Junior doctors and consultants to go on joint strike for first time in NHS history


Junior doctors and consultants to go on joint strike for first time in NHS history

Junior doctors and consultants in England will take joint strike action for the first time over four days across September and October, the British Medical Association (BMA) has announced.

The BMA said consultants will strike on 19 and 20 September with Christmas Day levels of cover, while junior doctors will also walk out on 20 September with similar levels of cover, followed by further strikes on 21 and 22 September.

Both consultants and junior doctors will strike again on 2, 3, and 4 October, again with Christmas Day levels of cover, in what the union said was the first joint strike between consultants and junior doctors in NHS history.

The strike days also coincide with Rishi Sunak‘s first Tory party conference as leader and prime minister.

BMA junior doctor committee co-chairs Dr Rob Laurenson and Dr Vivek Trivedi said: “Today, junior doctors across England are sending a single message, loud and clear to the government: we are not going anywhere.

“We are prepared to continue with our industrial action, but we don’t have to – the prime minister has the power to halt any further action by making us a credible offer that we can put to our members.

“Refusing to negotiate with us and with our consultant colleagues is not the way ahead.”

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Health Secretary Steve Barclay said the joint strike was “extremely disappointing” – as he hit out at the BMA’s “relentless and co-ordinated strike action”.

“Nearly 900,000 appointments have been cancelled due to strike action,” he tweeted.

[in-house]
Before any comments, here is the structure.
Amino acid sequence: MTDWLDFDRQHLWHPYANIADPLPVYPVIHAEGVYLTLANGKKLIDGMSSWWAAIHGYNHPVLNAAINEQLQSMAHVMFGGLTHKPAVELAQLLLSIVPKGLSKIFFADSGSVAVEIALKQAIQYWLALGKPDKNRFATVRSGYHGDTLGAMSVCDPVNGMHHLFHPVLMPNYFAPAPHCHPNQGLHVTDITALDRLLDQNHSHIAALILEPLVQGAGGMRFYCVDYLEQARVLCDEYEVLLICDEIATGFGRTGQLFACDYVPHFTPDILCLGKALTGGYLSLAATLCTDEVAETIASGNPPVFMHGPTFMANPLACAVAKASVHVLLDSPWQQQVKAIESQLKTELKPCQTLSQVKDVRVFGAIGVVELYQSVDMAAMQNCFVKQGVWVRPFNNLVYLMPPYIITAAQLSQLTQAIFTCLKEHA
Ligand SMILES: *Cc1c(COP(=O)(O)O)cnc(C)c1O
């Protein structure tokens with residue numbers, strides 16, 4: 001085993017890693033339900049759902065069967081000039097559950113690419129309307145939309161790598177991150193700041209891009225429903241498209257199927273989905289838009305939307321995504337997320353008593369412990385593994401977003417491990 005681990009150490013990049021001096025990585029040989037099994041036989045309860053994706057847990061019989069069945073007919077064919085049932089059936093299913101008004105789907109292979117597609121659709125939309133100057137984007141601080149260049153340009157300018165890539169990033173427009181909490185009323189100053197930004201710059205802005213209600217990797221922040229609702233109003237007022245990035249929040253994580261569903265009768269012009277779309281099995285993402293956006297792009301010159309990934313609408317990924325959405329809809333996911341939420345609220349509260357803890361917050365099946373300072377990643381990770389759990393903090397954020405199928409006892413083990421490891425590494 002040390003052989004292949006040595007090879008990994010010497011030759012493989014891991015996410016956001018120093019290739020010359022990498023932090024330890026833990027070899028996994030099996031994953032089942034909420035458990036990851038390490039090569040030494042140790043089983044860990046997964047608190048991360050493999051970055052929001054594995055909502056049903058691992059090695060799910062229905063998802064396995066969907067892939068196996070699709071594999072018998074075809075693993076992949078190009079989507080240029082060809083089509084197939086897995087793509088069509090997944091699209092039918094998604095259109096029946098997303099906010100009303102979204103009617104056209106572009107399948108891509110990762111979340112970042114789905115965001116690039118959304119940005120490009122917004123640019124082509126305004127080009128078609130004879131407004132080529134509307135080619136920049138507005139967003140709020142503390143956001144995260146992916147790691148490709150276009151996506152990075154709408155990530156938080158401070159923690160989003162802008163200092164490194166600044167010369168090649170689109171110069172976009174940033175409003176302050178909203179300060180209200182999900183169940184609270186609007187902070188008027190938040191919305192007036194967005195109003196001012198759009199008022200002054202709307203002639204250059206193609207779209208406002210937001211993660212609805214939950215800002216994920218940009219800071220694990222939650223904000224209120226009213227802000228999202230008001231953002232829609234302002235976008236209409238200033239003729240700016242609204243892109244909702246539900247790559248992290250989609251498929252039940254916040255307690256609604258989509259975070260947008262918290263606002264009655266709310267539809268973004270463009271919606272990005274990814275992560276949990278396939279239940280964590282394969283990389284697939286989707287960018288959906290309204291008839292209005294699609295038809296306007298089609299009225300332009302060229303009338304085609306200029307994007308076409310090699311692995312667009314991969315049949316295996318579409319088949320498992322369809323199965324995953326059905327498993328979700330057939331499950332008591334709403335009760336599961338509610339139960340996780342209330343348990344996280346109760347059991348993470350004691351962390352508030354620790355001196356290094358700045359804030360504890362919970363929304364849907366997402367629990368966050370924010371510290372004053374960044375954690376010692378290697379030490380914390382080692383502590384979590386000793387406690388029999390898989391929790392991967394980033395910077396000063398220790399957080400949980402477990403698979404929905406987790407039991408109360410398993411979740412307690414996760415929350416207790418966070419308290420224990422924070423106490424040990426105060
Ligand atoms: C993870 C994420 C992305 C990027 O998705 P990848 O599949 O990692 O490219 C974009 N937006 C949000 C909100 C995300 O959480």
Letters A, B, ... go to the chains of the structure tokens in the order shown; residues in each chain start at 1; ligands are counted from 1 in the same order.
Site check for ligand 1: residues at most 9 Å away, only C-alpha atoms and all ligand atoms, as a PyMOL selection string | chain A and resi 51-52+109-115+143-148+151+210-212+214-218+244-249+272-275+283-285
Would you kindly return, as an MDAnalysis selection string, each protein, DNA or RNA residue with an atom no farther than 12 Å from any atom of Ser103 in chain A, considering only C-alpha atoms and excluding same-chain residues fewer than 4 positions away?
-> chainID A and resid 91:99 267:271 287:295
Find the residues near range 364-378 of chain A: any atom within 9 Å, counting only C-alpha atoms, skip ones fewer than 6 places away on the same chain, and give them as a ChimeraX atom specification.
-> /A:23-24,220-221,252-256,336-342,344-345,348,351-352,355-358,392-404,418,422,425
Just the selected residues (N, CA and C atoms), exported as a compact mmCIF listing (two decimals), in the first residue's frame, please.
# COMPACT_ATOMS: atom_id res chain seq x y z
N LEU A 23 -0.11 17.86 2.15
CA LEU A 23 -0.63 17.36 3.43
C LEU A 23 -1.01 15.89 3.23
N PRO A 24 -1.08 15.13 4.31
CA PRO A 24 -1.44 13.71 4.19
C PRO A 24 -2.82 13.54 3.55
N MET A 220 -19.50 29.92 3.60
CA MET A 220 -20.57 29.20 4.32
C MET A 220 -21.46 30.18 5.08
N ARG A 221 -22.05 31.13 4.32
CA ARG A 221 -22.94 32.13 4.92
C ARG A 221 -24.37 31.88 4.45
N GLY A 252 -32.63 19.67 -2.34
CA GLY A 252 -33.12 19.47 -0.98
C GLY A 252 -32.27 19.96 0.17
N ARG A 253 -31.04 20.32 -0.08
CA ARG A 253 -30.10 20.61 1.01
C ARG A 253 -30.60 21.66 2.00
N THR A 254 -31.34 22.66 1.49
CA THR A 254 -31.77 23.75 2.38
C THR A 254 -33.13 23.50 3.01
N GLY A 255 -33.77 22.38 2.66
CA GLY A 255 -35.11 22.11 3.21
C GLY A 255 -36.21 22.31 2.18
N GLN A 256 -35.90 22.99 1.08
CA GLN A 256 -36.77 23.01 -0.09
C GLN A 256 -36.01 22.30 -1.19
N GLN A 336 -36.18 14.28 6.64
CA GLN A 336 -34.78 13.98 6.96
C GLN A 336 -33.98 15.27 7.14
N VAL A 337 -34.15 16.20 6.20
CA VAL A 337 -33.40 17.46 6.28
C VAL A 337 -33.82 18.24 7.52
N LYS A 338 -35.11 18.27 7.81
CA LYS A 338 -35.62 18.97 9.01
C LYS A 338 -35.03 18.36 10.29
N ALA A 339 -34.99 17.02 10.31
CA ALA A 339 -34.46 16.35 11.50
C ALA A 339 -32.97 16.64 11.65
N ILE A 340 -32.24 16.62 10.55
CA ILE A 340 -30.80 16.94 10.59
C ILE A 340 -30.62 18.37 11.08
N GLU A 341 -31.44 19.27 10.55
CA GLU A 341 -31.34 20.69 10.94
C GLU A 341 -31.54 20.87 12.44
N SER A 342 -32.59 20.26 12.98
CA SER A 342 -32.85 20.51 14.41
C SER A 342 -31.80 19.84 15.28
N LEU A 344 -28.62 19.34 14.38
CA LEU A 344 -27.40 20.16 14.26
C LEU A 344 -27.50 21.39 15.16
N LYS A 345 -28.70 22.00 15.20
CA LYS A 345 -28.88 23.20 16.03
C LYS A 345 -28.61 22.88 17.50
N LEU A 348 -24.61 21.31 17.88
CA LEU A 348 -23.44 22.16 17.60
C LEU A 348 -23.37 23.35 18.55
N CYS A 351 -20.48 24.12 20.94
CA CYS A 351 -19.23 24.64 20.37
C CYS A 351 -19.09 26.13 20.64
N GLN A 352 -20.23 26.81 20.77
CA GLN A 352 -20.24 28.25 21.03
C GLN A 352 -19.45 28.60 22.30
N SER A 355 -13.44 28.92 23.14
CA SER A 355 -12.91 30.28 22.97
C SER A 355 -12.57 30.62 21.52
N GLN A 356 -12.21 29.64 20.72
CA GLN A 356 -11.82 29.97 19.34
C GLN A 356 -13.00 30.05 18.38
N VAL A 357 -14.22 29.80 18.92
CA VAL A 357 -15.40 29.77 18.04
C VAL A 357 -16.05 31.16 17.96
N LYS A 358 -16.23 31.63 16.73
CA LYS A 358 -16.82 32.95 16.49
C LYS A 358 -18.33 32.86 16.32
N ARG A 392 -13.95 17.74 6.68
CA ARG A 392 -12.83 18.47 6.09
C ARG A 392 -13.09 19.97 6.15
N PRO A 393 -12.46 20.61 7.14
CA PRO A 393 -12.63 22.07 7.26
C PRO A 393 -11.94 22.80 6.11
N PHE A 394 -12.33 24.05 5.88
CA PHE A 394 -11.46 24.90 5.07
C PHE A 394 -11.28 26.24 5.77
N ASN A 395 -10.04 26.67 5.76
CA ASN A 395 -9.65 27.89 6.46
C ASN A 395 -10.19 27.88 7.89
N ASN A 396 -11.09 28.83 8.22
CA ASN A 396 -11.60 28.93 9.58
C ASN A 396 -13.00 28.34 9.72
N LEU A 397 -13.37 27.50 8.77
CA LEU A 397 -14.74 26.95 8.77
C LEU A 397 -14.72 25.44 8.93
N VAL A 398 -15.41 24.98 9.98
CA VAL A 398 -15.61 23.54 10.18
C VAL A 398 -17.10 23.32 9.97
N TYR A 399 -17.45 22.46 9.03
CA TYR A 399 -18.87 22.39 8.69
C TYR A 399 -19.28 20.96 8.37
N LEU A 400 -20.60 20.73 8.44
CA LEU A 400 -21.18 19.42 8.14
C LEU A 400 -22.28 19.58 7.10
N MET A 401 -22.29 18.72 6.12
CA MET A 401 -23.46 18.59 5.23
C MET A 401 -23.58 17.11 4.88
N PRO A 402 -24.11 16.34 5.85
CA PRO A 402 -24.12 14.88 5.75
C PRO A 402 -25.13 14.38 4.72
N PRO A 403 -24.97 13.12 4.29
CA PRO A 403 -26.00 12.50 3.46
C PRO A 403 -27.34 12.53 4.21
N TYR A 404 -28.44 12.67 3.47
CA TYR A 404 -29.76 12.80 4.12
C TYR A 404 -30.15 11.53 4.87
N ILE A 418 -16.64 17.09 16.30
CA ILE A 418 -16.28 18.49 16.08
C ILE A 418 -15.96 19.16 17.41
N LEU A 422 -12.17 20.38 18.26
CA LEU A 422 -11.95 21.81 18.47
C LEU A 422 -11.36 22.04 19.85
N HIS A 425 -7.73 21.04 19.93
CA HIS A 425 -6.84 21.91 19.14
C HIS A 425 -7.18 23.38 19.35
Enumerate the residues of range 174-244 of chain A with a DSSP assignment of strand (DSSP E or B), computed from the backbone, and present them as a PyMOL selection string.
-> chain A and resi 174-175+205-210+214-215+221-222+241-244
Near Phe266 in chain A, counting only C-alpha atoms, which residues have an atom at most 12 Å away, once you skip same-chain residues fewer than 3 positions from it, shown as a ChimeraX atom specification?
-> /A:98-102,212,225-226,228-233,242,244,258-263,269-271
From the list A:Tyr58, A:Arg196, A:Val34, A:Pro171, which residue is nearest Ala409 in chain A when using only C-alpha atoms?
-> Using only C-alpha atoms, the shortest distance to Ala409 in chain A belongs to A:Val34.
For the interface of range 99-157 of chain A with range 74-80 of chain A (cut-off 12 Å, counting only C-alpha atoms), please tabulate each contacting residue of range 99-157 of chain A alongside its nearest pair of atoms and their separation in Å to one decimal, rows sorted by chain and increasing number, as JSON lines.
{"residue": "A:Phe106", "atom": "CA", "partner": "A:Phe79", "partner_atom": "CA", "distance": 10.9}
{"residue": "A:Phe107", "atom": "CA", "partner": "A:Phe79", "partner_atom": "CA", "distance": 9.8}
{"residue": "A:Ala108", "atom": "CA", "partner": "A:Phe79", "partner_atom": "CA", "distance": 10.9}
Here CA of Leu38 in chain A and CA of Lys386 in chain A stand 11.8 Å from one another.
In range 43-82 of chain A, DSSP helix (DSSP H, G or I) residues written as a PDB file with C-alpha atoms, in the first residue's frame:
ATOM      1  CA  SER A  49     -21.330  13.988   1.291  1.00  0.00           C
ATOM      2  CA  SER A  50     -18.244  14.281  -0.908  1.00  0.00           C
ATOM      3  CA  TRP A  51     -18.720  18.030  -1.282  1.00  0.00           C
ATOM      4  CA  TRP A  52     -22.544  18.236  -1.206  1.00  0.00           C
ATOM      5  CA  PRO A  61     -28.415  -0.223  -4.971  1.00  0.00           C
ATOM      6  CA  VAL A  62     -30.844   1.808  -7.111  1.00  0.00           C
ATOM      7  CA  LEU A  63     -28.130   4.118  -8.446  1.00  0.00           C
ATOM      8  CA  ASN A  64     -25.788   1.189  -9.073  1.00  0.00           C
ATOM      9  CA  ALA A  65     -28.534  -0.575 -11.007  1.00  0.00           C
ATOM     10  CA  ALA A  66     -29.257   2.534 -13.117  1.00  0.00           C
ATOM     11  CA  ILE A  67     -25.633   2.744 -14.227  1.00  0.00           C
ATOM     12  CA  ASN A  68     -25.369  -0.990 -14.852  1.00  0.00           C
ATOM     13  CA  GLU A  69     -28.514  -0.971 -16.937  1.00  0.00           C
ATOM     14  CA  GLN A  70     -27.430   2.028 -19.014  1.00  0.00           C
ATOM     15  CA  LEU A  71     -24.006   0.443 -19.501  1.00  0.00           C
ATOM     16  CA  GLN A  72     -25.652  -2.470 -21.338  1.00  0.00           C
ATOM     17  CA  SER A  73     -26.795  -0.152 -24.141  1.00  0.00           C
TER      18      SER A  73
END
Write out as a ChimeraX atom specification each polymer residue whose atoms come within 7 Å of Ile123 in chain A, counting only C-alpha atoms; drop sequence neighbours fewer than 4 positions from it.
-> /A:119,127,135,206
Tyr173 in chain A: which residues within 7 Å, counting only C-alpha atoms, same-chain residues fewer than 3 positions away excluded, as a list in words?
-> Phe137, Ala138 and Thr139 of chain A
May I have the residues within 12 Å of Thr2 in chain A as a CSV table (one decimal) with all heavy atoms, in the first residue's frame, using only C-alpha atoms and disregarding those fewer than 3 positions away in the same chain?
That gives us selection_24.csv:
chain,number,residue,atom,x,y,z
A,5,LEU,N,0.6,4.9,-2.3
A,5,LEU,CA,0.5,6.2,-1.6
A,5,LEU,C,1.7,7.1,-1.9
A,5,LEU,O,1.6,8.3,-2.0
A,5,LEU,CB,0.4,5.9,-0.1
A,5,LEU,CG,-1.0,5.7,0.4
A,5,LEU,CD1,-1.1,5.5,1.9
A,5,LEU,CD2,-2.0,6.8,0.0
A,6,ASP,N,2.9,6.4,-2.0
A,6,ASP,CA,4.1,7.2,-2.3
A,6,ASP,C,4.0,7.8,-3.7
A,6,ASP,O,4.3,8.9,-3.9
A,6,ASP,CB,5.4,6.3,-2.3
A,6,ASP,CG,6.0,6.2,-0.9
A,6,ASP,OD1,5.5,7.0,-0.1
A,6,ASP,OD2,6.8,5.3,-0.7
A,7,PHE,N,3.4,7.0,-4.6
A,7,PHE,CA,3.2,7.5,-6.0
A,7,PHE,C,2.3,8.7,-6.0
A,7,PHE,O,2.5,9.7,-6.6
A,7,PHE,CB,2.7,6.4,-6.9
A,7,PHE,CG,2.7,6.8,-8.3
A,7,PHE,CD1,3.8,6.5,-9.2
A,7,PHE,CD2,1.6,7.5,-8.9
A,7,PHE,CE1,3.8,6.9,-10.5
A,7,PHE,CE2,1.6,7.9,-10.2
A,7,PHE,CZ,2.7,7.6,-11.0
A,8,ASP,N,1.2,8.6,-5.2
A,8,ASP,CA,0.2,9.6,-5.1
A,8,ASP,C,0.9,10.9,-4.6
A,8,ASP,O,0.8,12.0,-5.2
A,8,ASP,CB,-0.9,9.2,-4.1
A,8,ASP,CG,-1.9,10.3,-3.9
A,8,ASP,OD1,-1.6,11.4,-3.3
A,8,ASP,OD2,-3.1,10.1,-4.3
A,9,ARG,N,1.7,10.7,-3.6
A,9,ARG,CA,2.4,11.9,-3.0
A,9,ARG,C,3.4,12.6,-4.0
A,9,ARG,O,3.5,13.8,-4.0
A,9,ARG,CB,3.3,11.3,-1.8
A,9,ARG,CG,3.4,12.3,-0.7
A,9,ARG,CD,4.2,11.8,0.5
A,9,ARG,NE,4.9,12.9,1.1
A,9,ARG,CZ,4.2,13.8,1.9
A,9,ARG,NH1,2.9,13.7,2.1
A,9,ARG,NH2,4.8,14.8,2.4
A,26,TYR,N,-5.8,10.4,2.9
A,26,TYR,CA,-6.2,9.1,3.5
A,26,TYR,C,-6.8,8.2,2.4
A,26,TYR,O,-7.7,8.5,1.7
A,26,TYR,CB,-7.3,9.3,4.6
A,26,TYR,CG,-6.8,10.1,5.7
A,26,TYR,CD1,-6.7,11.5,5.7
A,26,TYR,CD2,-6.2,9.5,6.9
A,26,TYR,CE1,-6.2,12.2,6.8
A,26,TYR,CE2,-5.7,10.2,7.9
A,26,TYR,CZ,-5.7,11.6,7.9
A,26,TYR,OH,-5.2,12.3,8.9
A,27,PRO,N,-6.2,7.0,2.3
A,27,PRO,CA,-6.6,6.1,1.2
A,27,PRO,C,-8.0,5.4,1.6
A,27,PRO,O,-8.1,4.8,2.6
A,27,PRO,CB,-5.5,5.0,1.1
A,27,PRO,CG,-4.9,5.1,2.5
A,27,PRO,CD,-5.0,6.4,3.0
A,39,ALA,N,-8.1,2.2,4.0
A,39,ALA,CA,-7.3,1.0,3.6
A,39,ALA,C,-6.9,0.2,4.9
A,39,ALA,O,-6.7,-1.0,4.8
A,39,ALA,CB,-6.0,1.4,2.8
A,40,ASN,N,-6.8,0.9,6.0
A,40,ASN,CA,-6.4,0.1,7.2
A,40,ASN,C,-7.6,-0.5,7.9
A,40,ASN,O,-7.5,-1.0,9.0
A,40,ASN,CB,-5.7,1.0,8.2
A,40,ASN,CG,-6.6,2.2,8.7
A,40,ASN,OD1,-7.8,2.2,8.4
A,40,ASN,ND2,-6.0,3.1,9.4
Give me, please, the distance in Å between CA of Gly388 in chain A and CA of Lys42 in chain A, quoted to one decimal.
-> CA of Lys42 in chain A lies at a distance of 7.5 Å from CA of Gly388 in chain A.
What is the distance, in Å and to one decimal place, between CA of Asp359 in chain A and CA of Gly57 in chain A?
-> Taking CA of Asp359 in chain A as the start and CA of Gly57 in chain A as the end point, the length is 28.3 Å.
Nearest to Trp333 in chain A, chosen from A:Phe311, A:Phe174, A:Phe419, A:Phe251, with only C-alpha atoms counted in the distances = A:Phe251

“I fear the BMA’s hard-line stance and threat of indefinite action means this number will only keep rising.”

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Mr Barclay said doctors who started their hospital training this year will receive a 10.3% pay increase, with the average junior doctor in line for a 8.8% rise.

Consultants have been offered a 6% rise – a figure the BMA described as “insulting”, claiming consultants have experienced a “35% pay erosion” over the last 14 years.

“My door is always open to discuss how we can work together with NHS staff to improve their working lives – but this pay award is final, so I urge the BMA to call an end to this callous and calculated disruption,” Mr Barclay tweeted.

The BMA said it was continuing action in the autumn against the “backdrop of a hugely understaffed and under-resourced health service”.

It said the ballot for industrial action for junior doctors had been renewed for a further six months, with 98.4% voting in favour on a 71% turnout.

“Junior doctors and consultants have seen their pay drop in real terms by over a third in the past 15 years,” the BMA said.

It claimed that the government was refusing to enter talks with either junior doctors or consultants.

The latest strike action comes after junior doctors staged 19 days of walkouts across March this year.

Last week striking consultants apologised to patients who suffered delayed or cancelled appointments due to industrial action but said the government was to blame.

The senior doctors walked out for 48 hours from 7am on 24 August.


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